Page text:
You Gave Them a Room? No Wonder They Keep Coming Back?

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As we learned yesterday, my best friend’s mom is a lot more understanding than my own. When it comes to my family – you move out and that’s it. If you want to leave anything behind it is going into the dreaded shed in the back that has battled termites, rain and a couple of fires thanks to neighbor’s meth labs or whatever. Yes, the place I grew up is as classy as Lindsay Lohan. While I wish my Backstreet Boys’ stuff could’ve been safer inside, it doesn’t bother me too much when I think about not having a defined space in my mom’s house anymore.

It can be depressing to not see an ounce of you in a place you called home for over a decade – but at the same time, it’d be greedy to take up room in a double wide that can barely house the residents it currently has. If your parents have the space, that’s nice – but at the same time – you’re an adult and need to give them their room back. Plus, it’s insanely creepy when you have a time capsule that makes it appear that you never aged past 15.

Creepy factor aside because that’s for another day, what I wanted to talk about was the idea that having a permanent fixture in your parent’s house could be too encouraging for you to return. The reason I hate going back to the desert, other than the fact that it’s boring and there’s no WiFi, is there’s not a space for me. My nephew is constantly on the pull out couch, my grandma is in the den and my younger brother thinks he can live there until my mom says adios. Note, she already told him countless times that he will not get the trailer if he’s still there when she dies. He has yet to comprehend what that exactly means.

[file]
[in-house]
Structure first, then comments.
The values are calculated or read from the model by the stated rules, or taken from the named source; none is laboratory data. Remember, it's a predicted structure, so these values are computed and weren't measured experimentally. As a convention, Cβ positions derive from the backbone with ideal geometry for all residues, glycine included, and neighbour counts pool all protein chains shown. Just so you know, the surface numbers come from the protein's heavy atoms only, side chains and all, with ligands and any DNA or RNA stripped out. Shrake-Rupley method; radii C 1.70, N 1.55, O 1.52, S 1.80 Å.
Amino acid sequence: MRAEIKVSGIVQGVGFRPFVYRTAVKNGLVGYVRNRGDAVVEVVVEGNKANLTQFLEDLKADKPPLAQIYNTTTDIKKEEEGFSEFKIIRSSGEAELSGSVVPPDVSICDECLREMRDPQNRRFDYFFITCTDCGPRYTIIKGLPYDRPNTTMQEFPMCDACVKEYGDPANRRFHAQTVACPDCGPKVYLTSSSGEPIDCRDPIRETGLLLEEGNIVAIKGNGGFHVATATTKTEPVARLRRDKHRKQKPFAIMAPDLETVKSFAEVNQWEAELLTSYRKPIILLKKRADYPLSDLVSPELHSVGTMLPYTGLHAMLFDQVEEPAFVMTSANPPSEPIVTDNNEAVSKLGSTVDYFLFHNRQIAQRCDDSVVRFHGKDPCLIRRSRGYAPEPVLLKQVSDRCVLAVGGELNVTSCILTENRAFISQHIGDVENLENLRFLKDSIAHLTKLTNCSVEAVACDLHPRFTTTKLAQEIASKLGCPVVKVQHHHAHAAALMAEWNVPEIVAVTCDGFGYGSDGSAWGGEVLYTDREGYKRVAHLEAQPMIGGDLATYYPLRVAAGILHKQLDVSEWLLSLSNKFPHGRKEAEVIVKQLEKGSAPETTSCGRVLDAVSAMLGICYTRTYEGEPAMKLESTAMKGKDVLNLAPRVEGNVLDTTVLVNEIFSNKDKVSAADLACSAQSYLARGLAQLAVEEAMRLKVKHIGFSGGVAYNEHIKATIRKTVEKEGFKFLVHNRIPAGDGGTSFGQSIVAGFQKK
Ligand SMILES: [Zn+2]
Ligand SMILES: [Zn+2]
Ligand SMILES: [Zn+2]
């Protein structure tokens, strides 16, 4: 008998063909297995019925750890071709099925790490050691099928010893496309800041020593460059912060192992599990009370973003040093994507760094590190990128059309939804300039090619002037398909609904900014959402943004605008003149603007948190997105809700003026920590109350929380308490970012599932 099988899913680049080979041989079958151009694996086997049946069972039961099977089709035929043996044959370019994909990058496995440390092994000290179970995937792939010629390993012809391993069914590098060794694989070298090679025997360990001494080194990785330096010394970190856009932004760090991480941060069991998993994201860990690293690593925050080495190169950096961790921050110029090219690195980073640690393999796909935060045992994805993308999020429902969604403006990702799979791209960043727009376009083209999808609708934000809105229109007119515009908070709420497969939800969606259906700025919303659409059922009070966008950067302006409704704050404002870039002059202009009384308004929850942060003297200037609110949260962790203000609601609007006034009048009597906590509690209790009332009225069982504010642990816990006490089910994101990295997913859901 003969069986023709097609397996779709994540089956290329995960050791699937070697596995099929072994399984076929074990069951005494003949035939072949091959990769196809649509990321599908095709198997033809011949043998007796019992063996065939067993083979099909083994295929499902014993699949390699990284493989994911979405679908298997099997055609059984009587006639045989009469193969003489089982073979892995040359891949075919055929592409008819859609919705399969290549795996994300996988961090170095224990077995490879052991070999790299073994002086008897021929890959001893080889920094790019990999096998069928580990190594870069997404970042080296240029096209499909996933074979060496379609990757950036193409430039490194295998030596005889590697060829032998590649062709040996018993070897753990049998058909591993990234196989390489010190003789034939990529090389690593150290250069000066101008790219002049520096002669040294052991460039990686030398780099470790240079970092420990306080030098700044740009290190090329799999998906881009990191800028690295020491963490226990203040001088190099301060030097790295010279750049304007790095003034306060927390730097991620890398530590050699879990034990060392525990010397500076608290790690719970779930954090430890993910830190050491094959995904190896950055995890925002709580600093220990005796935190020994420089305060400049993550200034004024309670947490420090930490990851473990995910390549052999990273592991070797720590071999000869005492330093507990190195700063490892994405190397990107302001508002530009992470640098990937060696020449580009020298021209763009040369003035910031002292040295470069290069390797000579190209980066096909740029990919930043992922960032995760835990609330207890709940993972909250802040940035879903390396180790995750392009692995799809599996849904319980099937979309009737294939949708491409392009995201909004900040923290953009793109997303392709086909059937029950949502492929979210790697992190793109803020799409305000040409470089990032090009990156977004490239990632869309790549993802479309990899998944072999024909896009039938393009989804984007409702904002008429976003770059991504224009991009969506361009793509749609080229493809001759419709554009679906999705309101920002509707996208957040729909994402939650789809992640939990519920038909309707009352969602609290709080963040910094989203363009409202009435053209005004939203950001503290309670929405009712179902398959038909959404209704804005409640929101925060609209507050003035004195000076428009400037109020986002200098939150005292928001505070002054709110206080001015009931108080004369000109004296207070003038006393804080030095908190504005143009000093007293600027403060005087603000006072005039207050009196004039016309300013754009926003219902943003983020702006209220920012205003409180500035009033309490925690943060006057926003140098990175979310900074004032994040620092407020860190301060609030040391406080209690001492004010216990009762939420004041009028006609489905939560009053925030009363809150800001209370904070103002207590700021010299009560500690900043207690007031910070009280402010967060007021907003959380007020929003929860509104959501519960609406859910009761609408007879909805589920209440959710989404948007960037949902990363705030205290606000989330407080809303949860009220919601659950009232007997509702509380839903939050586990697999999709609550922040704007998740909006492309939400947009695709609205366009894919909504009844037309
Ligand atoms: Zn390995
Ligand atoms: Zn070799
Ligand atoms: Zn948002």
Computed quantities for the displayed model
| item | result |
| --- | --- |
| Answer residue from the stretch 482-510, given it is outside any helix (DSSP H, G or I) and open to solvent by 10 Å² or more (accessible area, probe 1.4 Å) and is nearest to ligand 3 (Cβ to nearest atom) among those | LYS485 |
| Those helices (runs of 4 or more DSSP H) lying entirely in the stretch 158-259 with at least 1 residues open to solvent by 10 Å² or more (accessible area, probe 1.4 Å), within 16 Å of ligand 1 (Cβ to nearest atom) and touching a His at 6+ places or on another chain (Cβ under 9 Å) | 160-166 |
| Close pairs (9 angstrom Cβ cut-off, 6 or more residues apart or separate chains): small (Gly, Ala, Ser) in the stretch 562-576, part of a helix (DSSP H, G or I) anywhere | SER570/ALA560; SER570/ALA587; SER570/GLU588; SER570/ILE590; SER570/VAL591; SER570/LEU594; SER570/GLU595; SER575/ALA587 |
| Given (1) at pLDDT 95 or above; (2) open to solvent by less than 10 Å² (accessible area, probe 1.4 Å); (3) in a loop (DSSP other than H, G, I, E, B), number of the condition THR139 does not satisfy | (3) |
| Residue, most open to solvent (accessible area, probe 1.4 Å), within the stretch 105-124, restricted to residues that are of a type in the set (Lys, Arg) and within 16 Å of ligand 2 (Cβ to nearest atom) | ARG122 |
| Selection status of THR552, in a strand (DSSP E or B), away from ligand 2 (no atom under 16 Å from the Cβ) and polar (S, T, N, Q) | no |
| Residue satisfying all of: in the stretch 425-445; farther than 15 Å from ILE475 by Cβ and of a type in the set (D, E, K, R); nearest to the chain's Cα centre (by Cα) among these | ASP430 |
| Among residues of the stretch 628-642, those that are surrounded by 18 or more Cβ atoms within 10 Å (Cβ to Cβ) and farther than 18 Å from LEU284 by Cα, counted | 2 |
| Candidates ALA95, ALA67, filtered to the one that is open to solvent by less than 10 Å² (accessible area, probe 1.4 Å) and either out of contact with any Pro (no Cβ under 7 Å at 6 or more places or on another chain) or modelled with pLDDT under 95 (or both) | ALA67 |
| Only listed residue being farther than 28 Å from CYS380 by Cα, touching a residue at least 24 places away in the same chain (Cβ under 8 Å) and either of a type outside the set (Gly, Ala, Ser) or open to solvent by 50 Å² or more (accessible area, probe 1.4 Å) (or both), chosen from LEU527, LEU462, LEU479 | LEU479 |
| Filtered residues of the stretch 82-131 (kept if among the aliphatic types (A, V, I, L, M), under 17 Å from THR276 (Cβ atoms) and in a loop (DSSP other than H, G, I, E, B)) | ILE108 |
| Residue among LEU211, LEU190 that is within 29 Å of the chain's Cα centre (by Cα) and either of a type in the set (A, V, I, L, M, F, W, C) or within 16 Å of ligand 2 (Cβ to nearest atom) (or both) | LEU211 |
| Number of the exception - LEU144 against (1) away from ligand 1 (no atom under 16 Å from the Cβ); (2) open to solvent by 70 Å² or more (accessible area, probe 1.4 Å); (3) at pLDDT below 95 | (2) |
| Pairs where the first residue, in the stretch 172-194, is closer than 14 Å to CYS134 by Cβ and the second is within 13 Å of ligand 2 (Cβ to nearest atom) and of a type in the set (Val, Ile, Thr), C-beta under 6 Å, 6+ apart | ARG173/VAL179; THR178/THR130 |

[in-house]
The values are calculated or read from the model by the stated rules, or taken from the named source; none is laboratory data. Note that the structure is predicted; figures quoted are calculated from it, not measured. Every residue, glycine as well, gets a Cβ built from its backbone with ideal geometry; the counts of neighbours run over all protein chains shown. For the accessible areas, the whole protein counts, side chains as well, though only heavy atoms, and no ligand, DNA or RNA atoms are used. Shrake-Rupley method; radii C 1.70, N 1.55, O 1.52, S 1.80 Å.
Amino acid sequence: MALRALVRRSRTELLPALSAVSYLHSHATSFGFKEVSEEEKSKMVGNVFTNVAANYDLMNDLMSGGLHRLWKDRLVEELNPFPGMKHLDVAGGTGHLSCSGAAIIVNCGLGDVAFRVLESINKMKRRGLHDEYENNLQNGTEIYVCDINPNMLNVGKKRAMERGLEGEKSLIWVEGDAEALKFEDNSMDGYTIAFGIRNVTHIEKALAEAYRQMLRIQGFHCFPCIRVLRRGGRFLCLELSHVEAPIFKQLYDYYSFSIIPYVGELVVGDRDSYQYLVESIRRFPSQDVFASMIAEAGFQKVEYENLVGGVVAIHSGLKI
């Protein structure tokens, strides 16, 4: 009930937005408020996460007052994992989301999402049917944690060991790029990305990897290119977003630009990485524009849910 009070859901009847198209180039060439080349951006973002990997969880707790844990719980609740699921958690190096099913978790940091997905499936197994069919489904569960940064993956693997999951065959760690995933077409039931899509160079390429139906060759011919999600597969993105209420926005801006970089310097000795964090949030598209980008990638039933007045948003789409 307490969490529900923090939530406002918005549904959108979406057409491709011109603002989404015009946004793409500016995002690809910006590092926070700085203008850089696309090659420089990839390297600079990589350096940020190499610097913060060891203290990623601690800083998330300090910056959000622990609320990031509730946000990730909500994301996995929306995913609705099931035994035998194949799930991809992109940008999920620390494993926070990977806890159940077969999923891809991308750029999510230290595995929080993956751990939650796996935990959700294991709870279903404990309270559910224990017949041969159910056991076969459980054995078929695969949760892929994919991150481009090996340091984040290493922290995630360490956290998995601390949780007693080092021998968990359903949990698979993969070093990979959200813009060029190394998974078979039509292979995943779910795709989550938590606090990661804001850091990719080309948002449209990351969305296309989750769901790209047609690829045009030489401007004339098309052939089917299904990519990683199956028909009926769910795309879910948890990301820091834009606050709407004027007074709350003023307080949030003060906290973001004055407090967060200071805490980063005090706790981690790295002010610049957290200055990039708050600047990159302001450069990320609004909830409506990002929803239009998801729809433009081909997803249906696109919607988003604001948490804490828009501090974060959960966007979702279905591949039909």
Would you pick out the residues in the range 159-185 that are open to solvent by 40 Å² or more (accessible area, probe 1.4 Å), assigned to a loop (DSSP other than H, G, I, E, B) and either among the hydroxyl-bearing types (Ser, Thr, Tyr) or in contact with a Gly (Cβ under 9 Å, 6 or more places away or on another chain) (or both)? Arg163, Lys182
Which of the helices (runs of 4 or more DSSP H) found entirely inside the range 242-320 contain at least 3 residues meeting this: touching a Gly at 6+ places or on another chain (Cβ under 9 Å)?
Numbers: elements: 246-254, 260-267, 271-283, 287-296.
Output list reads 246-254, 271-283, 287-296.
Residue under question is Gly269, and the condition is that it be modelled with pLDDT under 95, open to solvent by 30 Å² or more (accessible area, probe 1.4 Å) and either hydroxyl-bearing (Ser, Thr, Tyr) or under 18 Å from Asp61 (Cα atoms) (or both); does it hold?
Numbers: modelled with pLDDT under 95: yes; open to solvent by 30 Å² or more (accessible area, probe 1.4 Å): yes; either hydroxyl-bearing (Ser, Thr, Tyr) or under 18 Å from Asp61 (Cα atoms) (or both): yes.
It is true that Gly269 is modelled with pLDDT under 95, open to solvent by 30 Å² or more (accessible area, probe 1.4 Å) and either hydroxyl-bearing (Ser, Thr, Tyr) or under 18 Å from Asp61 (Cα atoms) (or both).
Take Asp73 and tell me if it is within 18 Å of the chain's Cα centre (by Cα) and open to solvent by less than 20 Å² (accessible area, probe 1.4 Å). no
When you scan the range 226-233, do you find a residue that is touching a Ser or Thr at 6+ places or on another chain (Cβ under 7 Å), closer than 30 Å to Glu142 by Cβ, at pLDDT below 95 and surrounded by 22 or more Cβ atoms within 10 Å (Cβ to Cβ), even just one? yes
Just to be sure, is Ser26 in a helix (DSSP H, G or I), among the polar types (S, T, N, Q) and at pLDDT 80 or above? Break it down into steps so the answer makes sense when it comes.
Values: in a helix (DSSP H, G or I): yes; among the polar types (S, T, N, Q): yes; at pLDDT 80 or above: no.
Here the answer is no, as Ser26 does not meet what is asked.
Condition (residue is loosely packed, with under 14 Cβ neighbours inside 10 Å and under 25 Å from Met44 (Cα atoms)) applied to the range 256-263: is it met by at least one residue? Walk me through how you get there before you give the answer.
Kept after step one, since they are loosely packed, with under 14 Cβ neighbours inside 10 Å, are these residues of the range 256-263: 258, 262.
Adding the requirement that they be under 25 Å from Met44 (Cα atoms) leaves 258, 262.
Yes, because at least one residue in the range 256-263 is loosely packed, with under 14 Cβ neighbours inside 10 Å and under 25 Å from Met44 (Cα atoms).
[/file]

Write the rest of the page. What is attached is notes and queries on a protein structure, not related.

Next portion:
The real problem here is that he’s never left home. He’s always had a place there, so he feels entitled to having it be his forever home. My older brother and I have both flown the coop and while we’ve both had moments in our adult lives where we’ve had to come crawling back to mama’s side, I at least felt like a burden. Space had to be made for me. Now if my mom had kept my room as is, an untouched museum exhibit, I may’ve stayed longer. Given they got WiFi. It would’ve been more comforting to stay knowing that I wasn’t taking up space that could be used for something else. Plus, when I was a freshman in college my mom met someone knew. Today he’s my stepdad and like Michael V. Bloom noted in Adult Children Who Won’t Grow Up, she needs her own time to redefine who she is without us hanging above her head. Sadly because of my younger brother – I don’t think she’s gotten to fully do that just yet. She’s still his mom, his kid’s grandma – but who is she?

With all that said, it’s one part creepy and two parts not wanting to be a burden that I feel one shouldn’t have a room in their parent’s house once they move out. You’re not paying rent there, then you don’t have a space there.

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